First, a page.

Last week, it was my school’s choir competition. Choir competitions are a big deal at schools in Japan, and almost all schools, public and private, host them annually. The students prepare and practice for months, and on the day of, classes are canceled, parents come to show their support, and the students show off all of their hard work. Each class performs one song, and is judged by a panel of principals, teachers, and senpai (older) students. Winning is a huge accomplishment for the students.
This was my first choir competition in Japan, and it was a really interesting experience to be a part of, especially since I was asked to sing a song with the other teachers in Japanese (at 5 pm the day before). So, I faked my way through a song I didn’t know in a language I don’t speak, on stage in front of the whole school. But aside from this ridiculousness, watching the choir competition made me think about some important differences between Japanese and American schools, and the focus on the group versus the individual. The closest equivalent to Japanese choir competitions in American schools would be talent shows. Comparing these two events really highlights the difference between the collective mindset, discipline, and cooperation that is fostered in Japanese schools, and the individuality, freedom, and personal self-expression that is encouraged in American schools.
In American school talent shows, it’s all about the individual student showcasing their unique interests and skills. You’ll find a wide variety of different acts, from singing, dancing, and juggling, to magic shows, karate, pogo-sticking, and stand-up comedy. You name it, a kid has probably done it at a talent show somewhere. Students are not required to participate unless they want to, and it’s completely up to them what they want to do. There are, of course, some group acts, but these groups are decided upon and arranged by the students themselves. And there are usually more solo acts – just one student on stage displaying their unique talents. There is a huge amount of freedom for personal choice and expression, and individual students have an opportunity to shine in the spotlight.
In Japanese school choir competitions, on the other hand, it’s all about the group. The students work together to create a performance as a whole, and are judged as a whole. The girls stand in neat rows, in the same position, and sing in unison. In their identical uniforms, it’s almost impossible to tell them apart. Except for the piano player and the conductor, everyone is doing the essentially the same thing. The competition leaves very minimal room for personal choice or expression. Everyone in the whole school has to participate, regardless if they like choir or are naturally good at singing. The students can choose their own song (as a class), but to me they all sounded quite similar. The performances were precise and well-rehearsed, and the impressive thing about them was how coordinated everyone was.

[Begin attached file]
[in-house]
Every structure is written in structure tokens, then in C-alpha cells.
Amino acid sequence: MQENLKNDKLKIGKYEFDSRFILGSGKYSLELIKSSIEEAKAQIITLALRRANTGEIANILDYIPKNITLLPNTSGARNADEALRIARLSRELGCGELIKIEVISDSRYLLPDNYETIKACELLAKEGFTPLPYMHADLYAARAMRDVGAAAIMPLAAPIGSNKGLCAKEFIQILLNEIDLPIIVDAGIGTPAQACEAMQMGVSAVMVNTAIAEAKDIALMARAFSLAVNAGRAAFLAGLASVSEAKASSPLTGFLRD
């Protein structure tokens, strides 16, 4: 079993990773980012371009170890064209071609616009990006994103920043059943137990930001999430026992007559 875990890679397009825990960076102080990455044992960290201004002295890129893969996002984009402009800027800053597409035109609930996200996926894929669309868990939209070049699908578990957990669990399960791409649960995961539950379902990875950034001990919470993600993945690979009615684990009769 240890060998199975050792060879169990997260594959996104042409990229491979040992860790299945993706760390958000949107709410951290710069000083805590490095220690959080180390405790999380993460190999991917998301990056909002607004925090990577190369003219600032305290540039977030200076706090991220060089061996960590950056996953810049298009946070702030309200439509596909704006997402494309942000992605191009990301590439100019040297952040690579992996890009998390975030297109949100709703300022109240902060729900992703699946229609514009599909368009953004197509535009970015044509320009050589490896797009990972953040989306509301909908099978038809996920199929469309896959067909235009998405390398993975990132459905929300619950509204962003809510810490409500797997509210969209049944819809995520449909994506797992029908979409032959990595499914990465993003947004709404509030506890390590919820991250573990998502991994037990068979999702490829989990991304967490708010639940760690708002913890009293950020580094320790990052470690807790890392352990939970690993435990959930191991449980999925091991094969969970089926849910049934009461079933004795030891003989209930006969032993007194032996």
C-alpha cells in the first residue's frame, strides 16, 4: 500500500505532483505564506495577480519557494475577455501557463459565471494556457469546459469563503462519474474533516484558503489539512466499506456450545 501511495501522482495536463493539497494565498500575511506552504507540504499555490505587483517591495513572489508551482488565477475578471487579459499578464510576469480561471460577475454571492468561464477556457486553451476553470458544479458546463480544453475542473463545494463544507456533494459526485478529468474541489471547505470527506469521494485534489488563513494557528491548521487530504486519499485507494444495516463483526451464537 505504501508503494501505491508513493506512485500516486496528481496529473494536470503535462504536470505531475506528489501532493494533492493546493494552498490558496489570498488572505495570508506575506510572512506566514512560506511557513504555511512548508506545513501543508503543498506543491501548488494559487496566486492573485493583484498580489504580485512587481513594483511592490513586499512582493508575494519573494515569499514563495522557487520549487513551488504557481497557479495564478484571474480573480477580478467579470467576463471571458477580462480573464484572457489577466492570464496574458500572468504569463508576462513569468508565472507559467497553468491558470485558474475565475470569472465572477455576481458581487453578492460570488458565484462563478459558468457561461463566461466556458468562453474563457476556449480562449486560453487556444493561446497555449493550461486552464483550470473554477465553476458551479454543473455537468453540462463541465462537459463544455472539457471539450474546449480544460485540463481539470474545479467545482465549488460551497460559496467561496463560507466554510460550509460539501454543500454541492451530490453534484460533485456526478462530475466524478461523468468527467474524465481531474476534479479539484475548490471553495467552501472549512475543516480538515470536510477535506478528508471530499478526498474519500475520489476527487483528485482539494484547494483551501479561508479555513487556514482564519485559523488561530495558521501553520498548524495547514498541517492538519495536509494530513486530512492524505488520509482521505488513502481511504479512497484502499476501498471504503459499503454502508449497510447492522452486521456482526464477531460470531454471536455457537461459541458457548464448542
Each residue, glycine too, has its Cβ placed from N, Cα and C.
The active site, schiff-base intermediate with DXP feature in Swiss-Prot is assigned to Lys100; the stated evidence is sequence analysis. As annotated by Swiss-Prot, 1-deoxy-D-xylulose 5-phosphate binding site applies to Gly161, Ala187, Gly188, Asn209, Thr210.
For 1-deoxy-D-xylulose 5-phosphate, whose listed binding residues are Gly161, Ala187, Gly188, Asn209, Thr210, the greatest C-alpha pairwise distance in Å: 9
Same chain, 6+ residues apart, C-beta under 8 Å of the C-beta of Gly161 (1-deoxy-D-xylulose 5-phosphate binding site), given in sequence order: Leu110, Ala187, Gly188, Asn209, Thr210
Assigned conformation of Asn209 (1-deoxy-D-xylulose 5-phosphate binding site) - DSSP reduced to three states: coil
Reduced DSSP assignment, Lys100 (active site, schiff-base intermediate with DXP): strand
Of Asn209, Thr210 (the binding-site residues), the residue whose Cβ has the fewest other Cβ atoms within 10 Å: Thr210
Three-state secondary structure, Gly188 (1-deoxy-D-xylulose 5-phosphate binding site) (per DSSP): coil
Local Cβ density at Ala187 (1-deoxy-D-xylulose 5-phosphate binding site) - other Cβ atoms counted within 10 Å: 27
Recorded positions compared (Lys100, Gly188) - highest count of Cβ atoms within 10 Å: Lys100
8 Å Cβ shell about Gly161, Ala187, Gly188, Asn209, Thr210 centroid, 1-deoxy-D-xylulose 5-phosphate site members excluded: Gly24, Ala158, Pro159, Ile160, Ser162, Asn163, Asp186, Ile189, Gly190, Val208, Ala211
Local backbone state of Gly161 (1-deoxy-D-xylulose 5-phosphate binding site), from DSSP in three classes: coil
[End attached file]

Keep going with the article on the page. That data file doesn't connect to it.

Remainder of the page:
There’s something to be said for both the polished group acts of Japanese choir competitions, and the unique solo acts of American talent shows. The beautiful harmonies of a choir simply cannot be sung alone, and by working together, the students create something bigger than the sum of its parts. They practice cooperation, teamwork, and discipline, all of which are valuable life skills. That said, I’ll admit that the choir competion left something lacking for me. After about the fourth song, it all started to sound the same, and I found myself getting a little bored. All of the choir performances were objectively quite good, but there was nothing really remarkable or dynamic about any of them. I would have liked to see some of the variety and excitement of an American talent show. There is something so inspirational in the American mentality that everyone has something special about them, and should have the opportunity to follow this passion. Talent shows offer a platform for individuals to show off this uniqueness, and even if every performance isn’t perfect, the show is certainly fun to watch.